Toronto owes a strange cinematic debt to Tommy Lee Jones, Nicolas Cage, and, um, Dennis Rodman.
For all the big films that get shot here, there are plenty of smaller or quirkier films that make you kind of scratch your head.
Do you remember The Park Is Mine? Of course not. Why would you? It’s a 1986 TV movie starring Tommy Lee Jones as a Vietnam veteran who takes over Central Park in order to raise awareness of issues affecting vets. Some of it was actually shot in New York, and the Toronto work is pretty subtle (especially when you’re watching a digital file ripped from a 25-year-old VHS tape).
Here is Tommy Lee walking back to his apartment…
…and suddenly, you can see the reflection of a Beckers in a window as he goes in, and that distinctive lintel helps us ID this as 77 Wellesley Street East (meaning that Beckers must have been on the block across the street).
That also helps us locate the previous shot, looking west down Wellesley. That black and yellow joint is now a Rexall.
Hey, it’s Helen Shaver, who was kind of the premiere Canadian actress of the era!
Hey, it’s Eric Peterson, who is about to jump off a building!
Hey, it’s Yaphet Kotto, who, like so many others, came close to killing James Bond—but, like very few others, he moved his family from down in the States up to Richmond Hill around this time. Really.
Anyway, like the boys in Goin’ Down the Road, Jones takes a stroll down Yonge Street…
…and for just a split second, passes Sam the Record Man.
Here, he’s just a bit further north, passing in front of Zanzibar.
As for the Central Park stuff, some of it was definitely filmed there, and while some of it must have been filmed here, there is nothing, alas, to identify the park used.
Okay, here’s one that’s so weird, we’re going to include it even though it wasn’t shot in Toronto. Whether you’re a fan of nude beaches, rowing, or venturing over to the Toronto Islands, you’ve heard of Ned Hanlan, right? But did you have any clue that Nicolas Cage once played him in a movie?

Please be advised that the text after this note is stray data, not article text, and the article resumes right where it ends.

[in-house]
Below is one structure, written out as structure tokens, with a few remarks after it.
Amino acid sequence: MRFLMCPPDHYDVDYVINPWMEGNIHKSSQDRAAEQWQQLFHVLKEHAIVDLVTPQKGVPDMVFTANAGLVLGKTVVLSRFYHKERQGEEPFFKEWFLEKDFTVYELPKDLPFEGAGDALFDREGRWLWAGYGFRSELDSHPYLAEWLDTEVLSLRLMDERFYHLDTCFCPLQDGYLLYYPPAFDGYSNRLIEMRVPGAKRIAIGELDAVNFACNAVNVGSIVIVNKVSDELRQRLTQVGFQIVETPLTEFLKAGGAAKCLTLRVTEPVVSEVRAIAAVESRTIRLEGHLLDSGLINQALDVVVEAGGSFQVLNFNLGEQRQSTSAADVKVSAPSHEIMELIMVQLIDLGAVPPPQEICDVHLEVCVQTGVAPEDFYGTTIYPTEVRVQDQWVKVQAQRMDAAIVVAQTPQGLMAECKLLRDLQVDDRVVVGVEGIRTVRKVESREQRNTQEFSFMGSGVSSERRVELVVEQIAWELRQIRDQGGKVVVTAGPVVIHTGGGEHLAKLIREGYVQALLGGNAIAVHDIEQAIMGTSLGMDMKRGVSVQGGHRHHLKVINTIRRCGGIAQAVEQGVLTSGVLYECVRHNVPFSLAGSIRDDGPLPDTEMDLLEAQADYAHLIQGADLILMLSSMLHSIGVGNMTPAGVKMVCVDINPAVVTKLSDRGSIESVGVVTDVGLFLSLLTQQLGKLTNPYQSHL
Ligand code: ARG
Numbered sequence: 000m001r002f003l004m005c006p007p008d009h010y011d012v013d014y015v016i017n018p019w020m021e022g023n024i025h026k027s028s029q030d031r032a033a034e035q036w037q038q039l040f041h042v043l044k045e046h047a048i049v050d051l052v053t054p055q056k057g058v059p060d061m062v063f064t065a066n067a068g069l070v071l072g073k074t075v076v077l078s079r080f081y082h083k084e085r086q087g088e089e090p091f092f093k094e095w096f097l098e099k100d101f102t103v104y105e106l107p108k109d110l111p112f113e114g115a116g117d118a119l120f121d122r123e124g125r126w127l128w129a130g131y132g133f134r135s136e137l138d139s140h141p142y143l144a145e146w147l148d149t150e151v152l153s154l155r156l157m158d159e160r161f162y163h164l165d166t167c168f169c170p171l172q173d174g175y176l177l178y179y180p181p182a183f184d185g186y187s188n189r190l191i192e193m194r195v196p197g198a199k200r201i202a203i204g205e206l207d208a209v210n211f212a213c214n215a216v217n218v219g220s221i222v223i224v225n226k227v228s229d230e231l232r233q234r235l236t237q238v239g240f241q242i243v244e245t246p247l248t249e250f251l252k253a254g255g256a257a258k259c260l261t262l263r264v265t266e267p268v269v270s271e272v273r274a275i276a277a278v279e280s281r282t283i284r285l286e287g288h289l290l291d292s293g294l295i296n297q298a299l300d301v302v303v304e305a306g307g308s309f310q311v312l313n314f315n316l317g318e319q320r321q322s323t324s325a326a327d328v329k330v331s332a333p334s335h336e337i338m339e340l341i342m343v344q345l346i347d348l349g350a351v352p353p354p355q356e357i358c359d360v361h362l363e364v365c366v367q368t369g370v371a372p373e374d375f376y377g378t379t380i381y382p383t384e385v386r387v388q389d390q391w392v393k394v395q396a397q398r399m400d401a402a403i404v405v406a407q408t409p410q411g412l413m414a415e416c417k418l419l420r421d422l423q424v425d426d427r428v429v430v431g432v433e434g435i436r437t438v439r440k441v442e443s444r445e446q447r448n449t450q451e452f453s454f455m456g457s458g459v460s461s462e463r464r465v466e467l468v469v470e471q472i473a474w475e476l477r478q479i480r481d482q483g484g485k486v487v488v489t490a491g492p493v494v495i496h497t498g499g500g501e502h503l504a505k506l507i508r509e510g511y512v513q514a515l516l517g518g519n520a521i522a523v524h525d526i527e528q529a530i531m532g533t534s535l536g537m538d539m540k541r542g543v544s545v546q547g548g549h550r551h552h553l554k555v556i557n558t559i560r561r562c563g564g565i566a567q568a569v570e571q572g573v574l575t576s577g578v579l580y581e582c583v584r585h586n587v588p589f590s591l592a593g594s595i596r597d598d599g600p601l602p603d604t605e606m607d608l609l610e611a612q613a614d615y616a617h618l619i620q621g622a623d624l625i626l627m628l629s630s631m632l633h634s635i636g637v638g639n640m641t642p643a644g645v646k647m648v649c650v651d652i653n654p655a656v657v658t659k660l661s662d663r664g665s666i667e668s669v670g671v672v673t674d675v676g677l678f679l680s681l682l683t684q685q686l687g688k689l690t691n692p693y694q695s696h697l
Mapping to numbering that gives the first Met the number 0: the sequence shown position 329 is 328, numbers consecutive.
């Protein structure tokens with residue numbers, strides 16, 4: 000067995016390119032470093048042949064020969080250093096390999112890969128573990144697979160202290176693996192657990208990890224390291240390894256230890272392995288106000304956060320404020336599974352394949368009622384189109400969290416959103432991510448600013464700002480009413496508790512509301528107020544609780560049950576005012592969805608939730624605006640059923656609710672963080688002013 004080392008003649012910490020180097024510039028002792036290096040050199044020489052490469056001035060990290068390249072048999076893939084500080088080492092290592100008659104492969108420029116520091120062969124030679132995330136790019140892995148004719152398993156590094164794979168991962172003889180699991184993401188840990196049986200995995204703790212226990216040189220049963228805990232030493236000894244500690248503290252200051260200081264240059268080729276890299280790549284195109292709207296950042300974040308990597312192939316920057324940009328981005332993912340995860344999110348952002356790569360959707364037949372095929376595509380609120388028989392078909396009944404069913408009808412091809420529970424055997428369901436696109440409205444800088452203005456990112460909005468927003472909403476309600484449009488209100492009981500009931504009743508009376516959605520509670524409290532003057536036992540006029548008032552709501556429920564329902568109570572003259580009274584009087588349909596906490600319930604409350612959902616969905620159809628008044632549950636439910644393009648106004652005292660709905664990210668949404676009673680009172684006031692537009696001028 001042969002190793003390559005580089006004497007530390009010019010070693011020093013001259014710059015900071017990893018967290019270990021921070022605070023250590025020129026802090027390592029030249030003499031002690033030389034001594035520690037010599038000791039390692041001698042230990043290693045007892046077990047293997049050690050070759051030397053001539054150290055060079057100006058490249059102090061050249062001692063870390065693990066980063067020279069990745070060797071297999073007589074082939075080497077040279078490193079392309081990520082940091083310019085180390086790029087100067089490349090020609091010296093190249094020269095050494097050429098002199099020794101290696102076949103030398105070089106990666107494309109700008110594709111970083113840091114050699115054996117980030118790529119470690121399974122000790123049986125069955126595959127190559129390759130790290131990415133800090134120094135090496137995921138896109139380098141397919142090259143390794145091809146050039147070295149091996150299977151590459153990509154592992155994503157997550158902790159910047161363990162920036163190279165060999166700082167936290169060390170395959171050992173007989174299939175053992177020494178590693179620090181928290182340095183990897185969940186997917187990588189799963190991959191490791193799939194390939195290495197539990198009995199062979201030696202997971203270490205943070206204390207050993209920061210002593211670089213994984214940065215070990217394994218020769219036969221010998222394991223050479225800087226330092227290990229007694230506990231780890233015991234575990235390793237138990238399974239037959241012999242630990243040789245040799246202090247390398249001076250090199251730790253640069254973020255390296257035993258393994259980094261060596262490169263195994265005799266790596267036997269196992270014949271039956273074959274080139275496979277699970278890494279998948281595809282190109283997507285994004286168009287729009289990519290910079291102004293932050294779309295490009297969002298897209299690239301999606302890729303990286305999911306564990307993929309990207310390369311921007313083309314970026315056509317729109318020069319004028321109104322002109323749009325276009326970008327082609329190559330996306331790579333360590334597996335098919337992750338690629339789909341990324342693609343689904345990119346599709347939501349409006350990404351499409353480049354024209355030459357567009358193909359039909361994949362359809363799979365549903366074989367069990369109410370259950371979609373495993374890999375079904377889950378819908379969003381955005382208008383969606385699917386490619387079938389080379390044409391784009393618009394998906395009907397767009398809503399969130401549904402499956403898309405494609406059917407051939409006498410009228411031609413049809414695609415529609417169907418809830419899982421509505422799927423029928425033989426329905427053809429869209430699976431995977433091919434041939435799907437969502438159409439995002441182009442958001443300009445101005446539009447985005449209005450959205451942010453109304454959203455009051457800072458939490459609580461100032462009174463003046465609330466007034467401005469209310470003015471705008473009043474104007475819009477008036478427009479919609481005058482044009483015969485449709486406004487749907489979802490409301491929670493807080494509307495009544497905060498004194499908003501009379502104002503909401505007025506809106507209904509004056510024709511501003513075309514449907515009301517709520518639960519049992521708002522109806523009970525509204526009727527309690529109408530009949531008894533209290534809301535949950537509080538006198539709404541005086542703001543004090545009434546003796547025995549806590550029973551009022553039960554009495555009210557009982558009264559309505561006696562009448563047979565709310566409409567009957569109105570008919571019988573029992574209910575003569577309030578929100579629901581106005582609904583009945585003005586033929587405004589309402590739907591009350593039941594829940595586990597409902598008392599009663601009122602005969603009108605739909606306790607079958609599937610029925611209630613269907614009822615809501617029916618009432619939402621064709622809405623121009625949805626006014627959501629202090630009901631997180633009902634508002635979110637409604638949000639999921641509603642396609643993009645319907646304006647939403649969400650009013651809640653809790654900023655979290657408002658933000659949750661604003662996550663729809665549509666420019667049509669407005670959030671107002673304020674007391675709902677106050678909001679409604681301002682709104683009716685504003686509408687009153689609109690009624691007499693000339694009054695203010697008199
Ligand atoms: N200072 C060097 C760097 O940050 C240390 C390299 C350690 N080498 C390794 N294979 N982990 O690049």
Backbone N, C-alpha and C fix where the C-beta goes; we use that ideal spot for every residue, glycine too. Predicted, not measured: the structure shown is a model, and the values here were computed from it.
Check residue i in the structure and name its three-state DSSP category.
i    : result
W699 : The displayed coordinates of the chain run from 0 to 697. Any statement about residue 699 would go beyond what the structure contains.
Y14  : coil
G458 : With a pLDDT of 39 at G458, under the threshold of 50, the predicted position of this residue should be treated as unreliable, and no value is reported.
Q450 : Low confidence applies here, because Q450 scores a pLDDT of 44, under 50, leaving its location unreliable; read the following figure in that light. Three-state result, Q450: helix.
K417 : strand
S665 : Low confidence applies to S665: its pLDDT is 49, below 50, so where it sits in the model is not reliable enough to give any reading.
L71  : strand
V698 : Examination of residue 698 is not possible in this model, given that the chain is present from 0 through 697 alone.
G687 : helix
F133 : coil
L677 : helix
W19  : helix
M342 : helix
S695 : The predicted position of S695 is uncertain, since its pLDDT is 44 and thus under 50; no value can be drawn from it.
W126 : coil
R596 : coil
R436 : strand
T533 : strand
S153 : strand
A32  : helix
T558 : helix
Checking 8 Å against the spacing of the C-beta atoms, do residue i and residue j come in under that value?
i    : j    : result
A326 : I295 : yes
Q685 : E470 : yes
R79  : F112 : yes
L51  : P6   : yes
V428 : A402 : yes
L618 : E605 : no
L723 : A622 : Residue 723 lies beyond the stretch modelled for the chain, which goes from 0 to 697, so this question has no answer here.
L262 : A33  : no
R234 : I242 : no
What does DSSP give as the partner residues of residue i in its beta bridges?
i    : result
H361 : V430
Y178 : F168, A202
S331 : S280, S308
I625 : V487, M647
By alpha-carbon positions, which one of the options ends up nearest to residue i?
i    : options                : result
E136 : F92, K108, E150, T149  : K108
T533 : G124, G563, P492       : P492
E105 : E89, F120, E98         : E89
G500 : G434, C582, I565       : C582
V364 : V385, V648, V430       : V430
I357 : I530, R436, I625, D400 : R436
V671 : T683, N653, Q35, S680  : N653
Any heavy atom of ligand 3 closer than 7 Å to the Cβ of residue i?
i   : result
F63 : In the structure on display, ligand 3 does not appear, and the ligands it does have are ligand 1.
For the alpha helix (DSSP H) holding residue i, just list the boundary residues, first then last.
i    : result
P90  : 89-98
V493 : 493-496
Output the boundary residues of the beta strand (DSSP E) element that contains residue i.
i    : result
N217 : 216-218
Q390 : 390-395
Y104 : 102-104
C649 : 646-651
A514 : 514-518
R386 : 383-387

Yes, back in the late 1800s, rowers were (apparently) the primo athletes of their day, and Hanlan could scull as few had sculled before. So why wouldn’t a young Cage play him, pretty straightforwardly, in The Boy in Blue?
Unfortunately, although it was set around here, it was filmed mostly in Montreal.
We can at least tell these scenes were shot in Ontario, thanks to the presence of the historic RMS Segwun, which is up in Muskoka.
But, hey, he hits on Cynthia Dale…
…and defeats the dastardly Christopher Plummer, so it’s got sufficient Toronto bona fides for us!
As far as the quality—yeah, let’s just say it’s a mid-’80s Canadian movie and leave it there.
In a totally different vein (no pun intended, but it should have been), there’s Dracula 2000, the title of which is pretty self-explanatory (although, amusingly enough, its international name was apparently Dracula 2001. Okay, then). Produced by Wes Craven, this cult film features a young Gerrard Butler as the eponymous count.
It doesn’t feature much of the city, but we do see a couple of distinctive locales. Look: it’s Christopher Plummer again! As it has done in films from Ararat to The Man, the Direct Energy Centre plays an airport…
…apparently in New Orleans. Funny trivia: Plummer “worked” at this same fake airport in Ararat.
This flashbacky scene sure looks like the Distillery District.
Of course, every Dracula needs a Carfax to hang out in, and here’s ours—very obviously located in the atrium at Brookfield Place. Carfax is the 1845 Midland Commercial Bank building that’s now used by RBC Dominion Securities.
Finally, we’ve been trying to find this one for years and have to concede that it’s probably lost to history. The best we can muster, alas, is this 30-second YouTube commercial.
That’s right, it’s a TV movie based on Dennis Rodman’s autobiography! From the city’s files, we know they shot at places like Maple Leaf Gardens, Jarvis C.I., Forest Hill Road, SkyDome, and Way Cool Tattoo, but unless and until footage can be produced, we’ll see them starring in Bad As I Wanna Be only in our imaginations.
That’s all we’ve got for now, but if you’ve got the VHS in your basement, you know where to find us.